Photographs reveal the unintended beauty of machines
There is something curiously and unexpectedly satisfying about Alastair Philip Wiper's images of factories, laboratories and industrial facilities.
These are places that, by definition, prioritize function over form. Yet, their colors, textures, symmetrical patterns and converging lines reveal a surprising -- if entirely accidental -- beauty.
For the past eight years, the British photographer has traversed the world capturing everything from wind tunnels and echoless chambers to machines that test shoes, press vinyl records and polish glasses frames. He has visited factories producing razor blades, loudspeakers, sex dolls and sausages, among much else.
The resulting book, "Unintended Beauty," brings together almost 100 of the images, uncovering the simple aesthetic appeal hidden in apparent complexity. But Wiper hopes his viewers look deeper.
"The satisfying thing, for me, is that the pictures show something genuinely interesting, or something that people don't get to see every day but has a meaningful effect on the world we live in," he said in a phone interview from his home in Copenhagen.
"You have this first layer of graphical symmetry, and the visual aesthetic part of it. But then there's another layer of 'what's actually happening here?' You start to think about how it affects your life. I'd like people to think that deeply about it."
To this end, the book features a foreword by Marcelo Gleiser, a physicist specializing in cosmology and high-energy physics, complexity theory and astrobiology. In it, he reflects on how these visually pleasing devices may have come to be.
"Straight lines, sharp edges, perfect curves, circles, cubes, spheres -- these are not forms we see in nature," Gleiser writes. "They are mathematical approximations to what we see: abstractions we have devised to organize and map the parts of the world we can sense and measure.
"We (humans) represent reality with such perfect and proportionate shapes and forms because they are easier to manipulate and use for counting and measuring."
Beauty in complexity
Despite viewers' best efforts, the contraptions in some of Wiper's photos will remain unfathomably complex. Take, for instance, the radio telescope at Jodrell Bank Observatory in the UK, or a section of a particle accelerator at CERN, the European Organization for Nuclear Research in Geneva.
But others, like a shoe factory in Indonesia or a Danish cheese plant, create consumer products that are, at least, recognizable. These images serve to expose our dissociation from the science and technology underpinning our modern lives.
"I like the contrast," Wiper reflected. "You have these extremely complicated places where, if you're not a physicist or an engineer, then don't even try to start comprehend what's happening. Then you have a dildo factory or a sausage factory where it's still very complicated and impressive, but you understand the product that comes out of it -- you can relate to it."
The photographer's approach reflects an insatiable curiosity about how things are packaged, powered and produced. But his ability to communicate this through pictures is the result of his keen eye, plenty of patience and the type of glass-half-full optimism required to find flashes of beauty in otherwise unattractive settings. (Although Wiper said he can end a day-long shoot with just a single shot for the series, it's "very, very rare" that he leaves with nothing.)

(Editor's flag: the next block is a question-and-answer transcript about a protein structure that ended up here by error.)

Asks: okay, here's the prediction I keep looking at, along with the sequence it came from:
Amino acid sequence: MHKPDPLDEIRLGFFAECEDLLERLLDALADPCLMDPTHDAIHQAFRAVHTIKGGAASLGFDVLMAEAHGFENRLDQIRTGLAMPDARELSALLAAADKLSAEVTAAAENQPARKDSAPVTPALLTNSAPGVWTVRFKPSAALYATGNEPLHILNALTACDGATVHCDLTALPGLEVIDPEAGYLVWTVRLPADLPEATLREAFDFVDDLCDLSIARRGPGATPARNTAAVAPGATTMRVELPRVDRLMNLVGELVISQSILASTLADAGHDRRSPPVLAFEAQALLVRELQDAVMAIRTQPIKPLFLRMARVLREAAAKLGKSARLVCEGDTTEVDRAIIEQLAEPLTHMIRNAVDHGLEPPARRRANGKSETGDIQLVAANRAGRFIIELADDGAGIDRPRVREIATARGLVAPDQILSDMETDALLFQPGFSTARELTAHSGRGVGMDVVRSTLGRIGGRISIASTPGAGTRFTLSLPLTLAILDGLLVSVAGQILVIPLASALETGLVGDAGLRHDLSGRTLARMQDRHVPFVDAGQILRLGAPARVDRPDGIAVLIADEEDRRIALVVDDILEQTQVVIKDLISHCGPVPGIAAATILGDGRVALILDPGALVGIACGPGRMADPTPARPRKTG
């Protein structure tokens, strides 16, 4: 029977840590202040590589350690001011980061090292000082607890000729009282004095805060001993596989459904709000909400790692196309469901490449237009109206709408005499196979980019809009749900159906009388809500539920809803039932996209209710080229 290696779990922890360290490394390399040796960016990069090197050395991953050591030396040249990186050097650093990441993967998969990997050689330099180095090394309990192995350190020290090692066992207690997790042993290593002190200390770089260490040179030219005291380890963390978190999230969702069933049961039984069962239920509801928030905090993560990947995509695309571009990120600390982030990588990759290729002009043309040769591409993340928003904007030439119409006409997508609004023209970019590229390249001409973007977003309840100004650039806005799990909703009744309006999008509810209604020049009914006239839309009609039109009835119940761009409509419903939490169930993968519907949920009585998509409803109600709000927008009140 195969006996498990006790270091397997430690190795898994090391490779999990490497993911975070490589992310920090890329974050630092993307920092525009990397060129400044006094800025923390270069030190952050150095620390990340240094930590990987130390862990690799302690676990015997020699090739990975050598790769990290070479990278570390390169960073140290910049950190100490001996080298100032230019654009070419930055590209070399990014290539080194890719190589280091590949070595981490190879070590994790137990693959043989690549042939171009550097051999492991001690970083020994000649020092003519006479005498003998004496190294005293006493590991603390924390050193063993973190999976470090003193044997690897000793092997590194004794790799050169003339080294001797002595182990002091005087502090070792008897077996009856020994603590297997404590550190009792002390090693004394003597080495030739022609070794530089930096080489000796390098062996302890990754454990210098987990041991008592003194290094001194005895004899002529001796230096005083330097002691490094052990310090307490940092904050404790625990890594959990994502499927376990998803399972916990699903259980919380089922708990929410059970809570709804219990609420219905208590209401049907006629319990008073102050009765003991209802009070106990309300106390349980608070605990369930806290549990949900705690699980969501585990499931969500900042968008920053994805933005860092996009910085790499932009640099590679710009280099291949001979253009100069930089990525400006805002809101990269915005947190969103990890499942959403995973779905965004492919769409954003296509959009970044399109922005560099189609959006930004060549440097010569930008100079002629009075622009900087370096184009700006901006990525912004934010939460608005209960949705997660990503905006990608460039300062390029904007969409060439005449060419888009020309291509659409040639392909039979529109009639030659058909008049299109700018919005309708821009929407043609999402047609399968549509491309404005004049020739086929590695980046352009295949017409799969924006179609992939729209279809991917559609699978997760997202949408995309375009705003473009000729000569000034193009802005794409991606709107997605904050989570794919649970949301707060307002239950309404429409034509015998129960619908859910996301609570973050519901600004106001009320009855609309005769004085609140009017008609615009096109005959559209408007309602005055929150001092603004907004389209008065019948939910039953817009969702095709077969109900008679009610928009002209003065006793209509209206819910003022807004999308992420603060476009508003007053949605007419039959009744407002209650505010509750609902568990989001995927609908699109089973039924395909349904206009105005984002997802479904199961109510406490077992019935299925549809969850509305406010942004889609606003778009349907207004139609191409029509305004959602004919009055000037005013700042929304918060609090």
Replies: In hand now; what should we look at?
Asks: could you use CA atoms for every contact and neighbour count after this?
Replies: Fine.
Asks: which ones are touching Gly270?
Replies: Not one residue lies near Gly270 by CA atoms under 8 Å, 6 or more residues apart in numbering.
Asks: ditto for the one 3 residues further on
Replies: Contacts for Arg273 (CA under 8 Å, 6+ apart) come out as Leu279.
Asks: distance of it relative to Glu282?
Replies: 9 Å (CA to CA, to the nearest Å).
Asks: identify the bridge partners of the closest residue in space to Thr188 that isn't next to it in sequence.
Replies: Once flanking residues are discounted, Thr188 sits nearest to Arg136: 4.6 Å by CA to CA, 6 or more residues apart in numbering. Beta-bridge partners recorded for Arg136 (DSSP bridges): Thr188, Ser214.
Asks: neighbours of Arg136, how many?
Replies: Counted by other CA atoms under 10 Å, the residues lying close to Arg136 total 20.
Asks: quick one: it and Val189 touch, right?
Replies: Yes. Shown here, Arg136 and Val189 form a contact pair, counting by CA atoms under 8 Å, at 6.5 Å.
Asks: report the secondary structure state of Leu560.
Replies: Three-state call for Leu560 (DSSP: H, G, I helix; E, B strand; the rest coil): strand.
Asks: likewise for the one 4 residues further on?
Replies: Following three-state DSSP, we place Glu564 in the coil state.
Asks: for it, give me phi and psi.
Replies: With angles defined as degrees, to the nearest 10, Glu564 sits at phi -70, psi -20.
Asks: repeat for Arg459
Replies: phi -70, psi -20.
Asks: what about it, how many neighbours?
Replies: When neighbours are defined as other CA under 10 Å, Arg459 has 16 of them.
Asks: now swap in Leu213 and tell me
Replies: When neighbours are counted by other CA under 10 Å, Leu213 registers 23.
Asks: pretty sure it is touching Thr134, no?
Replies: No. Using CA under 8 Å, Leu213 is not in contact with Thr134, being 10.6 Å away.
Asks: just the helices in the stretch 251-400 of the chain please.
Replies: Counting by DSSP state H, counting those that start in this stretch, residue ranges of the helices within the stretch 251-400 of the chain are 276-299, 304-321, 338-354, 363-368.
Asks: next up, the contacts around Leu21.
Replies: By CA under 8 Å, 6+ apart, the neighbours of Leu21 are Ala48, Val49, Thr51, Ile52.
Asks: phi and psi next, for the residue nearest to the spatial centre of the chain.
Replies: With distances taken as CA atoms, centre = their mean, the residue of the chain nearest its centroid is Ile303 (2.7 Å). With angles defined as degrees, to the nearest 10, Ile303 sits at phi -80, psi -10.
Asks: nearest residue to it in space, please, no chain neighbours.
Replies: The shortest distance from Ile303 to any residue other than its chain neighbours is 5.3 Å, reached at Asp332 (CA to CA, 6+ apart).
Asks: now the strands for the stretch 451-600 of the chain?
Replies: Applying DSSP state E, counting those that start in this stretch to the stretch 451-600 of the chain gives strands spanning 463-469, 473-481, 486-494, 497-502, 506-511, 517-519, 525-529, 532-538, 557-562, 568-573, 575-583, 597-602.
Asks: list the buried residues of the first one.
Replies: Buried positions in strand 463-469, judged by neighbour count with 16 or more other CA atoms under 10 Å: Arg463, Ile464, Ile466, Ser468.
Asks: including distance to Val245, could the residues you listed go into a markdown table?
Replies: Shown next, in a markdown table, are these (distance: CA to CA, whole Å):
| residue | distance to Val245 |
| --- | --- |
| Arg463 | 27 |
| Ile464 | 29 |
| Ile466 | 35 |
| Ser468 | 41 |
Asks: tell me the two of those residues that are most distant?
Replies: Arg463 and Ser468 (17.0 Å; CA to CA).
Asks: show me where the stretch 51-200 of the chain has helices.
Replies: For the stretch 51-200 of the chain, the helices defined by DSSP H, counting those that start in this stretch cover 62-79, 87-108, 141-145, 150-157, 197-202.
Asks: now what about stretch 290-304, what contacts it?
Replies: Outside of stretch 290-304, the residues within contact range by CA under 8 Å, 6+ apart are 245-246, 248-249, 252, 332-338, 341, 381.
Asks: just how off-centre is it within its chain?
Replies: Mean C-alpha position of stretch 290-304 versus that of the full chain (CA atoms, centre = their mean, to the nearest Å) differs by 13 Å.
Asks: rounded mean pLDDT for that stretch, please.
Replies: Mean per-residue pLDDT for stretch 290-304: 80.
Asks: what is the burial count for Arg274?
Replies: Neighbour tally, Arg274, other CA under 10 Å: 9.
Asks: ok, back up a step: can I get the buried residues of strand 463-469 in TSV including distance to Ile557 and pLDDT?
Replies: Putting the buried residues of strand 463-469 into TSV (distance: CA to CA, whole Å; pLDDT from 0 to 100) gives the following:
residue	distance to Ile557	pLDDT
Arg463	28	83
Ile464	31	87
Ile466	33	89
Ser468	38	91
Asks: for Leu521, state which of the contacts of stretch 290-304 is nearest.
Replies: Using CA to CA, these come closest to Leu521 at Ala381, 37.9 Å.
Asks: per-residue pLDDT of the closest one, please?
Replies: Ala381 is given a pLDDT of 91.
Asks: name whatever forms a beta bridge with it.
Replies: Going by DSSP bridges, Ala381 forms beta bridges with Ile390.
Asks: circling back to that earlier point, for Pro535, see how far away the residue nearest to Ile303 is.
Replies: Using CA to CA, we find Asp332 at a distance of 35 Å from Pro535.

Clever compositions also have a role to play. But the photographer argued that despite focusing his lens on what looks good, often at the expense of all else, he's "not cheating you into thinking that an ugly place is beautiful."
"The book is a celebration of human ingenuity and eccentricity, and the way we think outside the box to solve problems and answer questions," he added.
Eye of the beholder
Like beauty itself, however, the photos possess a subjective ambiguity.
One image that has proven especially controversial (and earned Wiper the ire of animal rights activists) shows perfectly arranged rows of of pigs' corpses hung up in a slaughterhouse. The soft lighting and smooth skin somehow distract from the raw flesh visible through long slits down the animals' bodies.
What if, rather than finding beauty in unexpected places, the photo sugarcoats a process that, to some, is inherently ugly or immoral?
"I think that's a very interesting question -- what is beautiful about this?" Wiper asked. "I see an aesthetic beauty in the symmetry, the colors and the figures. But I also have a full appreciation that a vegan or vegetarian -- for whom the idea of killing pigs may make this as bad as if there were humans hanging there -- might think it's the most disgusting thing they could imagine."
Yet Wiper, himself a former vegetarian, argues that viewers can hold both views simultaneously without contradiction. And while he admits to intentionally provoking and exploring taboos through his work, he argues that -- just as people might benefit from knowing how consumer products are made -- meat eaters should face the industry's realities.
"This is something that happens all over the world," he said. "I don't see anything wrong with me showing this and making people think, 'Is that where my meat comes from?' ... Showing these pictures will probably help (animal rights activists') cause more than hinder it.
"It's important for me that people who eat meat appreciate where it has come from and how the animal has been killed. People who can't look at that picture but still want to eat the meat, shouldn't be allowed to.
"It's very emotive -- there are a lot of layers to it. But for me there's a beauty, otherwise it wouldn't be in the book."